Sri Lanka

Trump’s War With Media: Lessons for Sri Lanka

Jul 5, 2017
The blazing battle between United States President Donald Trump and the US media provides good headline lessons for Sri Lanka’s media on how we acted or reacted during similar periods in the country, especially from 2010 to 2015. During the past few weeks President Trump has been using his infamous twitter weapon to blast major news networks such as the Cable News Network (CNN), senior news anchors of other major TV networks and newspapers such as the Washington Post and the New York Times. But the senior journalists also are hitting back strongly and what is going on, when looked at positively, is a good test or showpiece of American Democracy. Of course President Trump, in characteristic style, has been resorting to ugly personal attacks on female journalists referring to private matters that even cads or scoundrels do not talk about. Even Mr. Trump’s Republican Party leaders are saying his twitter comments are damaging the high and powerful office of the US presidency, but Mr. Trump does not seem to care, and continues the twitter warfare, perhaps due to the lack of political experience, an overdose of reckless arrogance or a combination of both.   
As the US marks its Independence Day today, most Americans were stunned by extensive details disclosed in a CNN block buster weekend programme titled “The Russian Connection”. The investigative report  exposed how from 2015 Russian cyber war spy agencies, apparently on the directive of President Vladimir Putin, hacked into the computer networks of the Democratic Party and the Republican Party. For reasons known to President Putin, the Russians in a sophisticated way disclosed negative details of the Democratic Party and its candidate Hilary Clinton. But Republican Party secrets are still in Russia’s possession and some analysts are wondering whether the Russians could use it for political blackmail of Mr. Trump, members of his campaign team and the current administration. Russia’s overall aim apparently is to undermine liberal democracy, as it has allegedly indulged in such cyber attacks in Britain, France, Germany and other countries also.  
Along with the unrelenting campaign of the free media, another important factor we see is the freedom of the Federal Bureau of Investigations, with President Trump recently sacking FBI Director James Comey because he refused to stop the investigation into alleged Russian collusion with Trump’s campaign staff to ensure his victory in last year’s presidential election. The FBI, the Central Intelligence Agency and other national security institutions officially informed the then President Barack Obama that they had substantial evidence of Russian involvement to undermine the US election. The documentary evidence was given to Mr. Obama about a month before the election, but his advisers say the former President could not or did not act because of uncertainty over whether it would be seen as an interference in the election campaign. History will perhaps record that if Mr. Obama had disclosed the evidence, not Donald Trump but Hilary Clinton may have become the US President. In any event, if the current controversies, contradictions and confusion continue, some analysts believe the Republican Party may initiate or support impeachment proceedings against Mr. Trump on charges such as obstruction of justice.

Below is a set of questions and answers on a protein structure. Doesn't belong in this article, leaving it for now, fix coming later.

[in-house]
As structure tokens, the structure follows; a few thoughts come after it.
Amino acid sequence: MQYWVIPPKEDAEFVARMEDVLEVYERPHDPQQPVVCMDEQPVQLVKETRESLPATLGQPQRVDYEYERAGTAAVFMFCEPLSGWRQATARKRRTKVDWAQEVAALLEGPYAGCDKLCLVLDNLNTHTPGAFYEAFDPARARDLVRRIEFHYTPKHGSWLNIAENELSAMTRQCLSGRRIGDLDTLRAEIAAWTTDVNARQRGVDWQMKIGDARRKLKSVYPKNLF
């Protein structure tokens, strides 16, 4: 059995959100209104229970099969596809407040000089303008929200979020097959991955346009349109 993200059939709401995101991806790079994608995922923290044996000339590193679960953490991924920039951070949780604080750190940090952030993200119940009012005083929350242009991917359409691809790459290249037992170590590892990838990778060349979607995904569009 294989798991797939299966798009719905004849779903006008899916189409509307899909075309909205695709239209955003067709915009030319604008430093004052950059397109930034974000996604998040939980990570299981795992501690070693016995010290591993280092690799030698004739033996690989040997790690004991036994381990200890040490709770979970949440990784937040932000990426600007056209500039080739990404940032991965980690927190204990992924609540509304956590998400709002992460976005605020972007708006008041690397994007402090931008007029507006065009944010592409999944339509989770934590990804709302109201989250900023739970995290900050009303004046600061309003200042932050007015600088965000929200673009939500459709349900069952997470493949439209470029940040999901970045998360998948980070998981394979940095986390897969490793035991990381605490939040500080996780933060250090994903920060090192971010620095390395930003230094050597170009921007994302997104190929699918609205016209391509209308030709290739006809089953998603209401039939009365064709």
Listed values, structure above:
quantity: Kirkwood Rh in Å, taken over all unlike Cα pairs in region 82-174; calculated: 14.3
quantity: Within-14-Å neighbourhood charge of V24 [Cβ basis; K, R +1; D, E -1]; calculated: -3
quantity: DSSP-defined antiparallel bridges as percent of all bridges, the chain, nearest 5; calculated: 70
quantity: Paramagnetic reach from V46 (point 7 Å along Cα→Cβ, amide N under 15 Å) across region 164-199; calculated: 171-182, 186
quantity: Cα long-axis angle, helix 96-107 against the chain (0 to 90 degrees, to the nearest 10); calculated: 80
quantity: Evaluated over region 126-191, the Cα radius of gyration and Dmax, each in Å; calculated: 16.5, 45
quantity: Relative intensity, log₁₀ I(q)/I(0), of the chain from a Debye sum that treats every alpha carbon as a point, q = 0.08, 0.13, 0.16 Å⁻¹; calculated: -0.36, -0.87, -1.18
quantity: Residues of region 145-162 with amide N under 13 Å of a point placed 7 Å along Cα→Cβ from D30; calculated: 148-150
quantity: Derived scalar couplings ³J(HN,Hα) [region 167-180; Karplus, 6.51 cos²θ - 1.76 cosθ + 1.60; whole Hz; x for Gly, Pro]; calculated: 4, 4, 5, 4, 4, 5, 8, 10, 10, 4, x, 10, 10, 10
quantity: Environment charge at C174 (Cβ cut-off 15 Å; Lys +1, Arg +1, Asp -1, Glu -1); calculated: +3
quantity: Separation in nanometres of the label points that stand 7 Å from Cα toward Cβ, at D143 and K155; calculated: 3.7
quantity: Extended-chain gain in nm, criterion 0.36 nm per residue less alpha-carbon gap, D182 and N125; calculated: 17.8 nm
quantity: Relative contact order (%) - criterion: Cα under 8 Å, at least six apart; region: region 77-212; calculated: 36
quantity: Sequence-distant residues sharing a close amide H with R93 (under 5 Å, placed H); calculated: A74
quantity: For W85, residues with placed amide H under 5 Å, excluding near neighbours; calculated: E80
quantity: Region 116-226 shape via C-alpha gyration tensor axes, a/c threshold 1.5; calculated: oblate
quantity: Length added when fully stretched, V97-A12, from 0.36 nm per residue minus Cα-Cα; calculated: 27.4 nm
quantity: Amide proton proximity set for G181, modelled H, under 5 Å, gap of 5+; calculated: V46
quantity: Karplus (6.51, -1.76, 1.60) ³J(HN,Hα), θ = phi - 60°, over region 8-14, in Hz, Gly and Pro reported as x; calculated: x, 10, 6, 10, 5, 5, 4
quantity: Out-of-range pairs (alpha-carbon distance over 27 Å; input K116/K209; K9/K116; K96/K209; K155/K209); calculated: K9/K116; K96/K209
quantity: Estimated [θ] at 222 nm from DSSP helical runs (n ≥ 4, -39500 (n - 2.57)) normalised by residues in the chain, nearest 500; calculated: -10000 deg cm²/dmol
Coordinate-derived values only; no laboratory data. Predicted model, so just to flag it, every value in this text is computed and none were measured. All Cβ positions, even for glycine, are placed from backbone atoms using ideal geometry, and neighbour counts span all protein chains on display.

Sri Lanka’s media - the print, electronic and social media - need to learn from the US media on how to fight the good fight and keep the faith that the people still have in an independent media where there is free, balanced and accurate reporting and feature writing. During the 2010-2015 era, except for a few journalists who dared to challenge the authoritarian regime and the rampant corruption, the media, to a large extent maintained a convenient silence. Most people would have agreed with Martin Luther King’s saying that “what hurt more was not the sword of the enemy but the silence of the friend.” Now that media freedom has been restored to a large extent, Sri Lanka’s journalists need to speak out openly against inaction or inefficiency, corruption, cover-ups or other vices in the National Unity Government. But the rights are linked to responsibilities and we need to see a media commitment to the long-term principle of a peaceful, just and all-inclusive society where the people, whatever their religion or race, work together in a spirit of unity in diversity.   
Daily Mirror, July 5, 2017

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